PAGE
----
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Lower ABV, Same Taste - Possible?

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Hey all, seemed like a good starting point for my first post here, so here we go!:

I made an experimental wheat beer a few weeks ago and I really like the way it came out (allbeit a little too much cascade for flavoring), but after having just two I pretty much have to cut myself off (heck I'm only 5'7" and 135 pounds).  Same with my Cream Ales that I love (at least I can enjoy three of those at a sitting).

So I was wondering if it were possible if going all grain, to maybe mash at a higher temp for less fermentables, but hop a little higher to balance the sweetness, to try and achieve near the same flavor but with at least somewhat less alcohol?

Thanks for any input, and HAPPY THANKSGIVING!!!

Yes, all of those are good ideas.
Darker beers would be easier, just cut out some base malt.
For all beers you could try "no-sparge" all-grain. Just use the "first runnings" without any sparge. That will give you most of the flavor and less alcohol. I once made a "no-sparge" Mild Ale and a homebrew judge thought that it was "too big for style".

"Same" flavor -- no,  similar flavor yes.

you have the right idea but target the FG of the beers that you like.  lower the basemalt and try and hit the same FG by raising the mash temp.  Start there and then adjust.


There's a point where you just can't pull it off.  I love making low ABV beers.  I love drinking good tasting beer, and I can't say I hate the effects of the alcohol, but sometimes I have to stop enjoying the beer earlier than I'd like to.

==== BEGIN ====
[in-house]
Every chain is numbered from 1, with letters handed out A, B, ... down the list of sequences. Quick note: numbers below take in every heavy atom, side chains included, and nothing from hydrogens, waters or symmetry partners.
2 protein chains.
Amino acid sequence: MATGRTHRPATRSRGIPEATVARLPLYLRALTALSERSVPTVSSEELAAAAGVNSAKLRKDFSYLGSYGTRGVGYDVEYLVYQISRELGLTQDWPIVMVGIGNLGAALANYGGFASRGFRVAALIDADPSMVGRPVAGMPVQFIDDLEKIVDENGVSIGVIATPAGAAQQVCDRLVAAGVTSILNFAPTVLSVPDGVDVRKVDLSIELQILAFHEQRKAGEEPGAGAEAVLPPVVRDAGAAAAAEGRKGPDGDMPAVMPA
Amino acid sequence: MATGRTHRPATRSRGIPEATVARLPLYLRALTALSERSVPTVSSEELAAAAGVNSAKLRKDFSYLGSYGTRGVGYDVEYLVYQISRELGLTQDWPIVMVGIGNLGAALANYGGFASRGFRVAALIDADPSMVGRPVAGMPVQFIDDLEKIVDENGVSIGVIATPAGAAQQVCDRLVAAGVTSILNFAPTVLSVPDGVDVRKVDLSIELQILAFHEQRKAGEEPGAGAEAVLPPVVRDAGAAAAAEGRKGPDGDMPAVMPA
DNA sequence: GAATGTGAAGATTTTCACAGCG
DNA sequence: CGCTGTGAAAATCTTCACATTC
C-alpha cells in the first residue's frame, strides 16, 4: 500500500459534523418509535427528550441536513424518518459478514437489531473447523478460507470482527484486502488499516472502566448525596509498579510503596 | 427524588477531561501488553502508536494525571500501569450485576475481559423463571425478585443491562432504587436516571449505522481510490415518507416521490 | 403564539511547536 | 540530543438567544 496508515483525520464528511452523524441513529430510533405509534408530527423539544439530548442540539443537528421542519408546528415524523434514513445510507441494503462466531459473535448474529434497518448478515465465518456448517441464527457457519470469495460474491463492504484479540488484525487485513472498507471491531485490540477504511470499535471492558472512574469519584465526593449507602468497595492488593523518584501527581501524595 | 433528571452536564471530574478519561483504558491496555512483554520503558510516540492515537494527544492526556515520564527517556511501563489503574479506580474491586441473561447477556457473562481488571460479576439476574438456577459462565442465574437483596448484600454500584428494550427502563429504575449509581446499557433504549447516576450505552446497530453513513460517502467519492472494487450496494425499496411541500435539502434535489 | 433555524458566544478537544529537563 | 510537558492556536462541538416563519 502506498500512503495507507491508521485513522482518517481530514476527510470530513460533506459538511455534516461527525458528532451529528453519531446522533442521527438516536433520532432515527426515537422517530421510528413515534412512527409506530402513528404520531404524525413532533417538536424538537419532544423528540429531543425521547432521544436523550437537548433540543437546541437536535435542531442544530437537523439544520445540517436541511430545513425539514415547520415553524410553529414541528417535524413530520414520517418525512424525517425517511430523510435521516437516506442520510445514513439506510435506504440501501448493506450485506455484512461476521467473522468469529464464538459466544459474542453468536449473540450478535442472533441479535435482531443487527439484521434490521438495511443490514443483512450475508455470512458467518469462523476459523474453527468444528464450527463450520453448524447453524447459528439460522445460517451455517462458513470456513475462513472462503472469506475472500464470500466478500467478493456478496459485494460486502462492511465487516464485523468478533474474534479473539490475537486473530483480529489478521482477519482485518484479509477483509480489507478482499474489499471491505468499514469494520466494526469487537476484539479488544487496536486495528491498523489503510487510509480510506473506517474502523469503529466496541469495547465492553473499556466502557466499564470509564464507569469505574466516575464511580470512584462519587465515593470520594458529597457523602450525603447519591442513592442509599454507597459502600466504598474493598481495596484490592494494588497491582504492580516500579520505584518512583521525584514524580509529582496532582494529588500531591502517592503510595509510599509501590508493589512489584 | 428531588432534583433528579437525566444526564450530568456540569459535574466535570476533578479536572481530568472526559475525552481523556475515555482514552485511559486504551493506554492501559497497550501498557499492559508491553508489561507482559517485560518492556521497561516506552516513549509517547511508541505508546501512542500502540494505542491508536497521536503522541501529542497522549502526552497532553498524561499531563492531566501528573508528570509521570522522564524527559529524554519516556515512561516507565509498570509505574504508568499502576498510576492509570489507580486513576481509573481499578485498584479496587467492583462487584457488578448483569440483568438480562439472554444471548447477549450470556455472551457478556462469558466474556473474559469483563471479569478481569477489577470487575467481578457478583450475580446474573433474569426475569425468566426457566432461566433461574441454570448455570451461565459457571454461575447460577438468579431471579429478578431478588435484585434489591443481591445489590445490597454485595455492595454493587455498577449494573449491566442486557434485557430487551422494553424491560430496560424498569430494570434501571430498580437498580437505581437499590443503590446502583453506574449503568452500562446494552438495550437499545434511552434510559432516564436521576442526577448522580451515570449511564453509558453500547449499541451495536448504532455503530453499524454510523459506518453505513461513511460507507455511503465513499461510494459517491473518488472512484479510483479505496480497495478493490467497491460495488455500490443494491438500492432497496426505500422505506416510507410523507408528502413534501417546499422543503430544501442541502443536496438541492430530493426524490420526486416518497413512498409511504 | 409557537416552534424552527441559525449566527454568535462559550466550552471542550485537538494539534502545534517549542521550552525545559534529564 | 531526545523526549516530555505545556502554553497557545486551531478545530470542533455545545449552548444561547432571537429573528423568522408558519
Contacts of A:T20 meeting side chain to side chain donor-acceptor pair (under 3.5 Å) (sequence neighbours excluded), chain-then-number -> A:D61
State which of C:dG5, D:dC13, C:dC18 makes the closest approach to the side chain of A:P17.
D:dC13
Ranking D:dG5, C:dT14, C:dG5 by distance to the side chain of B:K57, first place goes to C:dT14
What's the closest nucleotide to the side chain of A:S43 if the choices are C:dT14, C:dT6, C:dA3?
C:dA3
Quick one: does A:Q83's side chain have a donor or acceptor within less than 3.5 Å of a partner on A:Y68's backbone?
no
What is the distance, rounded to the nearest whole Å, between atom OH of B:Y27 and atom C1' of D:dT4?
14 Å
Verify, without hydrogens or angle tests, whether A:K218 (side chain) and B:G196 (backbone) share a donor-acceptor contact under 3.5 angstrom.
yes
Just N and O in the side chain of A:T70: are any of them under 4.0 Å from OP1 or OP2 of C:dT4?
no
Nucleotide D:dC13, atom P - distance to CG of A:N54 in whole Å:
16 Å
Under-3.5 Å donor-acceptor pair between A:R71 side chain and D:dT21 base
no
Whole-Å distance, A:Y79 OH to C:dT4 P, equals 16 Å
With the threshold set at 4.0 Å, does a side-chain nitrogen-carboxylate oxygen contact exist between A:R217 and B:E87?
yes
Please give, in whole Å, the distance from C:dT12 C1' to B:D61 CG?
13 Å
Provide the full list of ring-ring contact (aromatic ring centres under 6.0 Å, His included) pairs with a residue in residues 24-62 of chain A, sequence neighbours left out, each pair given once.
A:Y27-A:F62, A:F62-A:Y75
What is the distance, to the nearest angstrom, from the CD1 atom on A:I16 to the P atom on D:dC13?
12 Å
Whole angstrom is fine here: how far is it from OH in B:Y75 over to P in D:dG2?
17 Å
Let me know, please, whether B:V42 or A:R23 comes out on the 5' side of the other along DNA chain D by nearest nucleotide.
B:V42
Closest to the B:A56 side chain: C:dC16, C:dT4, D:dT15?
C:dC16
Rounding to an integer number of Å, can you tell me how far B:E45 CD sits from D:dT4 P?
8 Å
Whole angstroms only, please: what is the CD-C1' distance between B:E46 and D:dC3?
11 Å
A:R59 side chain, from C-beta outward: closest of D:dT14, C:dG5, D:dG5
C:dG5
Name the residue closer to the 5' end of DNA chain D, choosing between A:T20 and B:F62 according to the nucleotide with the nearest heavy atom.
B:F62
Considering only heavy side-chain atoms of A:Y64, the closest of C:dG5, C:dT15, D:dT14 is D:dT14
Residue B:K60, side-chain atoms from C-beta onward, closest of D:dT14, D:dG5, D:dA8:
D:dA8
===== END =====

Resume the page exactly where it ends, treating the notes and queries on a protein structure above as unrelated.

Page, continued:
I have had good luck in the past with high gravity brewing.  I'll brew a 10 gallons of 1060 beer, then dilute it with boiled/cooled tap water to 15 gallons of 1040 beer.  Because you brew it at a higher gravity, the yeast can't attenuate it as much and throws off esters that it wouldnt at a lower SG.  I started doing this with the BYO Heineken Clone.  Now I routinely do that as my standard summer lager.  Colby's BYO style profile on American Lagers stated that Budweiser is brewed this way.

Try it, it's a home run.  You get more beer for the same amount of work.

I did a test a few months ago to try to remove the alcohol from a beer. Ethanol boils at 174°F, so all you have to do is hold it above that point but below a full boil. I took a gallon of my black lager and just kept it as close to 180°F as possible using the kitchen stove. After about 45 minutes I could no longer smell the alcohol cooking off (if you wanted to, I bet that would be a great way to catch a buzz). According to my hydrometer readings, it went from 5.5% ABV to 2.1%. It was definitely still drinkable, although I think it may have picked up a slightly flat chalky flavor. Obviously, I don't think this would be an option for hoppy styles, but it might be something to investigate.


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